Well, it’s April 22nd, and April 22nd is Earth Day. (Actually it’s a few other things as well, of course, like Jack Nicholson’s birthday, Discovery Day in Brazil, and something else I won’t talk about here, but for the purposes of this blog, it’s JUST Earth Day. Sorry, Jack.) Now it’s not my intent here to debate the merits of taking responsibility for our environment, nor to discuss whether or not global warming is something we should worry about. (I personally think it is, but I’m not going to make a case for it here other than to say that when an *overwhelming* majority of those who’ve spent their lives and educational careers learning about and studying such things agree there’s a problem, it’s just a wee bit arrogant for us laypersons to dismiss it out of hand.) What I would like to mention here briefly are two meaningful (and really rather simple) ways to reduce the negative impact we have. These are both places I’ve only recently discovered myself, so I present them not as an expert on either. I simply want to say hey, this looks rather cool and useful, and maybe you should check it out. Anyone out there who’s had experience with these places or others like them is more than welcome to comment and let us all know more.
First off, if you’re like me, 99.9% of the catalogs you get in the mail are really only good for one thing: Exercise. They provide just a little more extra weight in your walk from the mailbox to your home before getting tossed, and at least, hopefully, recycled. (I get to have EXTRA exercise because after having my parents’ mail sent to me for a year back when they were touring around the country with no permanent address, their names are still in some far-off database as being at my address. I’m not even going to bother explaining why I still sometimes get mail for my grandfather, who lived in PENNSYLVANIA and passed away OVER SIX YEARS AGO!) It’s not only annoying, but printing and delivering all that junk takes I don’t know how many tons of paper and gallons of gas, all to give you something you don’t want. Nice and wasteful, eh?
Well it seems there’s a place by the name of Greendimes.com that will help you get off all of those lists. In looking at their website, they offer a free service and two “premium” services, both of which last for 5 years. The free service gives you links to take yourself off of mailing lists, and at the very least makes for a nice hub of helpful links that will aid you in stopping a lot of this stuff from ending up in your mailbox. The premium services have Greendimes do the work for you, filter out catalogs you actually DO want to receive, and monitor mailing lists to keep you from being put back on without your really wanting it.
Frankly, I’m considering one of the premium services, as I’m a lazy, lazy man. Given the fact that their MOST expensive five year service breaks down to 60 cents a month ($36 for 5 years) and gives you two–everyone say it with me, you’ve heard these words before by now, I’m sure–energy-saving compact florescent light bulbs as part of the deal, I figure it’s easily worth it. 60 cents a month? Darn, I’ll have to get by without that pack of gum.
The other place is TerraPass, which I actually noticed from seeing a bumper sticker on the back of someone’s car. TerraPass is, to quote Wikipedia (told you I was lazy), “a social enterprise that provides carbon offsetting products to individuals and businesses. …Terrapass uses proceeds from member purchases to fund greenhouse gas reduction projects such as wind farms and methane digesters.” Basically, you can calculate your carbon footprint (for example, driving 8,000 miles per year in my Honda Civic EX has a footprint of 5,397 pounds of C02), then purchase a “carbon offset” based on that amount. As stated above, they take that money and put it toward alternative energy production, tree planting (trees take in C02 and give back oxygen), and pollution cleanup, all of which is calculated to offset the C02 that the car puts out. You can also buy offsets for things like air travel and home energy usage.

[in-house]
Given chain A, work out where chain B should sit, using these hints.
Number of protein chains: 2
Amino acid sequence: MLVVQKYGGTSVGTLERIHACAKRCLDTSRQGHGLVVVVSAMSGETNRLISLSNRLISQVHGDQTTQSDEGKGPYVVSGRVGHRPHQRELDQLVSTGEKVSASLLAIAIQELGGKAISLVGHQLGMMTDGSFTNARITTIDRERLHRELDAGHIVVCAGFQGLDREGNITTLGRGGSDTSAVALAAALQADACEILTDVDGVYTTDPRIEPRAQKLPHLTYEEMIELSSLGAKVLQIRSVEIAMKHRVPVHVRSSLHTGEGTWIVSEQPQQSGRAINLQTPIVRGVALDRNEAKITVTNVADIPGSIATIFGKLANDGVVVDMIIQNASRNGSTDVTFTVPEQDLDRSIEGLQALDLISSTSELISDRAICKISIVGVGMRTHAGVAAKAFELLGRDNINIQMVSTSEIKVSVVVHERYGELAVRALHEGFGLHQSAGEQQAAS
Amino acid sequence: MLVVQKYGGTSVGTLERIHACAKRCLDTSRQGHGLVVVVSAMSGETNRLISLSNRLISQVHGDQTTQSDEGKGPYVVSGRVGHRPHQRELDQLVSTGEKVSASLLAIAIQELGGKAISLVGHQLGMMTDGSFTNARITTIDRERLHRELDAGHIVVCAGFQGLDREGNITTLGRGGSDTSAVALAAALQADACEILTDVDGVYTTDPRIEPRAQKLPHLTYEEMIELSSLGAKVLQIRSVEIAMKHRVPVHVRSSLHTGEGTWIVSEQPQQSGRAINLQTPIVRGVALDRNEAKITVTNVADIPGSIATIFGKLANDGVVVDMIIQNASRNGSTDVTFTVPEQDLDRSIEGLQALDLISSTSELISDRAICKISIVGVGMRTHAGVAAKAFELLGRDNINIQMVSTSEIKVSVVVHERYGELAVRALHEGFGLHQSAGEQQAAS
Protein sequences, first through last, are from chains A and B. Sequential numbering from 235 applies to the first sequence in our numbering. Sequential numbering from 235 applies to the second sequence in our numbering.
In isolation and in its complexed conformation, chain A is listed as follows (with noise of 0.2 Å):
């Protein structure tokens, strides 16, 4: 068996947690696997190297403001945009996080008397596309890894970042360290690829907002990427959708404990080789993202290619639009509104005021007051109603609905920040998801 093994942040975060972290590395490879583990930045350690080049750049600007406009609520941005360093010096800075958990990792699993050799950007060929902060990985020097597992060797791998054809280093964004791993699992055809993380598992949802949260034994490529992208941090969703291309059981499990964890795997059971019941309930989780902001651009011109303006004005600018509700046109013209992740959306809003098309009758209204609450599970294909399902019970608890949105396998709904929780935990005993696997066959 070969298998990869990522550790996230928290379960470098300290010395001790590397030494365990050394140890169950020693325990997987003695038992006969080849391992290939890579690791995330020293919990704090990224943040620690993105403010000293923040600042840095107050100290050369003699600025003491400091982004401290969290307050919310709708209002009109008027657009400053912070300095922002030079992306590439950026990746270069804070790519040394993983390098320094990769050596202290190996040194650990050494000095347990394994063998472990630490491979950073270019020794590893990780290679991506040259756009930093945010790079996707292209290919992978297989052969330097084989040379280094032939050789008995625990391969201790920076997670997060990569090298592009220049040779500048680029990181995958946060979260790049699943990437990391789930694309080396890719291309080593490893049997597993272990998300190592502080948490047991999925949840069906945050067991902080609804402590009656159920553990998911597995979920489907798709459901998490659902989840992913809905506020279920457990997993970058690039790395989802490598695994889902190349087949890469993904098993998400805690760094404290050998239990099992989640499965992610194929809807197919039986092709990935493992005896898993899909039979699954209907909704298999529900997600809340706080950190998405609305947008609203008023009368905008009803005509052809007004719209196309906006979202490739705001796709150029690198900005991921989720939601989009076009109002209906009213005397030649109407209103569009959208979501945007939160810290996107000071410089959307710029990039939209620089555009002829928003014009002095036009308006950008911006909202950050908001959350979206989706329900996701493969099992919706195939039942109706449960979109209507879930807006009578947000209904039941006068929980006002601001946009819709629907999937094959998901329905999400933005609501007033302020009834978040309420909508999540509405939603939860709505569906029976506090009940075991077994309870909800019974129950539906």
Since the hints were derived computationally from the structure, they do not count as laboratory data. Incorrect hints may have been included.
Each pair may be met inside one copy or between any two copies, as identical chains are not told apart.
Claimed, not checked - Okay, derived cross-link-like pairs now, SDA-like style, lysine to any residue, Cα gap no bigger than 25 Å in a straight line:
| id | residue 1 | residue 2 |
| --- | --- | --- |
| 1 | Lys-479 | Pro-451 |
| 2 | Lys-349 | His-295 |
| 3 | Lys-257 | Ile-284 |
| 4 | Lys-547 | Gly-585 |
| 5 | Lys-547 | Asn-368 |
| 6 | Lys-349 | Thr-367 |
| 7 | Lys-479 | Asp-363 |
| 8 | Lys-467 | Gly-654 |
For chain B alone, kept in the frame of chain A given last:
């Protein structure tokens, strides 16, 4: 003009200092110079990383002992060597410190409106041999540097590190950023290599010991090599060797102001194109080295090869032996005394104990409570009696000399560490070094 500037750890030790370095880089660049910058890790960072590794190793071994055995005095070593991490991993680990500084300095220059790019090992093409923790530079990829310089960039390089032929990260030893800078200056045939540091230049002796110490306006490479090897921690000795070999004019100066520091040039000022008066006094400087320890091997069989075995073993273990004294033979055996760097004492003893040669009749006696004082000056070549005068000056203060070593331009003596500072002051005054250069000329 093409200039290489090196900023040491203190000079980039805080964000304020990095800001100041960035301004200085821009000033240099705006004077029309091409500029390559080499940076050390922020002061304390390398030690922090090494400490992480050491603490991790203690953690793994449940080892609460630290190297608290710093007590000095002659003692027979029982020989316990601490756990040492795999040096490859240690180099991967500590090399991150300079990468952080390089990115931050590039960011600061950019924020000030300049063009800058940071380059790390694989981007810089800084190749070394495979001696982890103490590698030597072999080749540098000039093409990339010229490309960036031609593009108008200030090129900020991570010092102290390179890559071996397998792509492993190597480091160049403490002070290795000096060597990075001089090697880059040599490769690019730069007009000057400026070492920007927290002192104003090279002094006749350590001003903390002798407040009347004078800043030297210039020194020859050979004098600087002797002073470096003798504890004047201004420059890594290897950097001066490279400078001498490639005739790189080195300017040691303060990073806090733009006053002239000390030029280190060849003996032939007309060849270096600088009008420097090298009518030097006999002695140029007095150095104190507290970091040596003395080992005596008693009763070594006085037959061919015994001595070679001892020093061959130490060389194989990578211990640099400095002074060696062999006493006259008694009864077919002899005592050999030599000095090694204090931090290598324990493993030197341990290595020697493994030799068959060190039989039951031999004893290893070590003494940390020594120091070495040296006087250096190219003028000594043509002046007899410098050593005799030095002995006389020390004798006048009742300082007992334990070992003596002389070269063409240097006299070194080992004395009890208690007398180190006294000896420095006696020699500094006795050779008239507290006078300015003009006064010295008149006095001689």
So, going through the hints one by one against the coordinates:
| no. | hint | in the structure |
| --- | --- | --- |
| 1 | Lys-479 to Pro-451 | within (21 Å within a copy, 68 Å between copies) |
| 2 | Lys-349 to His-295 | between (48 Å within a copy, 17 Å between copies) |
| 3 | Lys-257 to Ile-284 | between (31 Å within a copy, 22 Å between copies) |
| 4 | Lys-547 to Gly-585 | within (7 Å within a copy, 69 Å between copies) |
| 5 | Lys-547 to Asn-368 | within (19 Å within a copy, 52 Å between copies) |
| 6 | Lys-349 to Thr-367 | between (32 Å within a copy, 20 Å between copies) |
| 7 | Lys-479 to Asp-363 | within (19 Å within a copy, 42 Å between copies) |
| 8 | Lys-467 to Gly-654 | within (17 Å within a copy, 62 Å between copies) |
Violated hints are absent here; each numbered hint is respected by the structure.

To insure they’re not just taking the money and running, they’re independently audited according to standards established by the Center for Resources Solutions (www.resource-solutions.org), and the audits are available on TerraPass’s website.
Now I understand that some consider this to be a bad thing, encouraging irresponsibility that can simply be purchased away and throwing money at a problem that should be solved by behavioral change. While I do see the point to this argument, isn’t the fact that people are doing SOMEthing rather than nothing helpful? Being willing to make a monetary sacrifice for environmental causes constitutes a shift in one’s mindset, which I would argue is likely to lead to other shifts along those same lines. The point is, it gets people thinking about it, and the money certainly does go to good causes. The more money spent on alternative energy sources, the more corporate interest it draws, and the greater the chance of those sources being developed further. Besides, you’re going to take that trip to Vegas anyway, right?
So there it is. I’m not saying you have to do these things. I’m still looking into them, myself, after all. But if you’re looking for ways to create a little environmental change, there you go. Two ways to be a little more environmentally conscious, along with bringing your own reusable bags to the grocery store, replacing your light bulbs with compact florescents, and turning your computers OFF when you’re not using them (I really don’t understand why people leave them on all night, anyway.) I also recommend limiting your useage of “Li’l Lisa’s Patented Animal Slurry.”
I shall now get down off my soapbox.
Michael G. Munz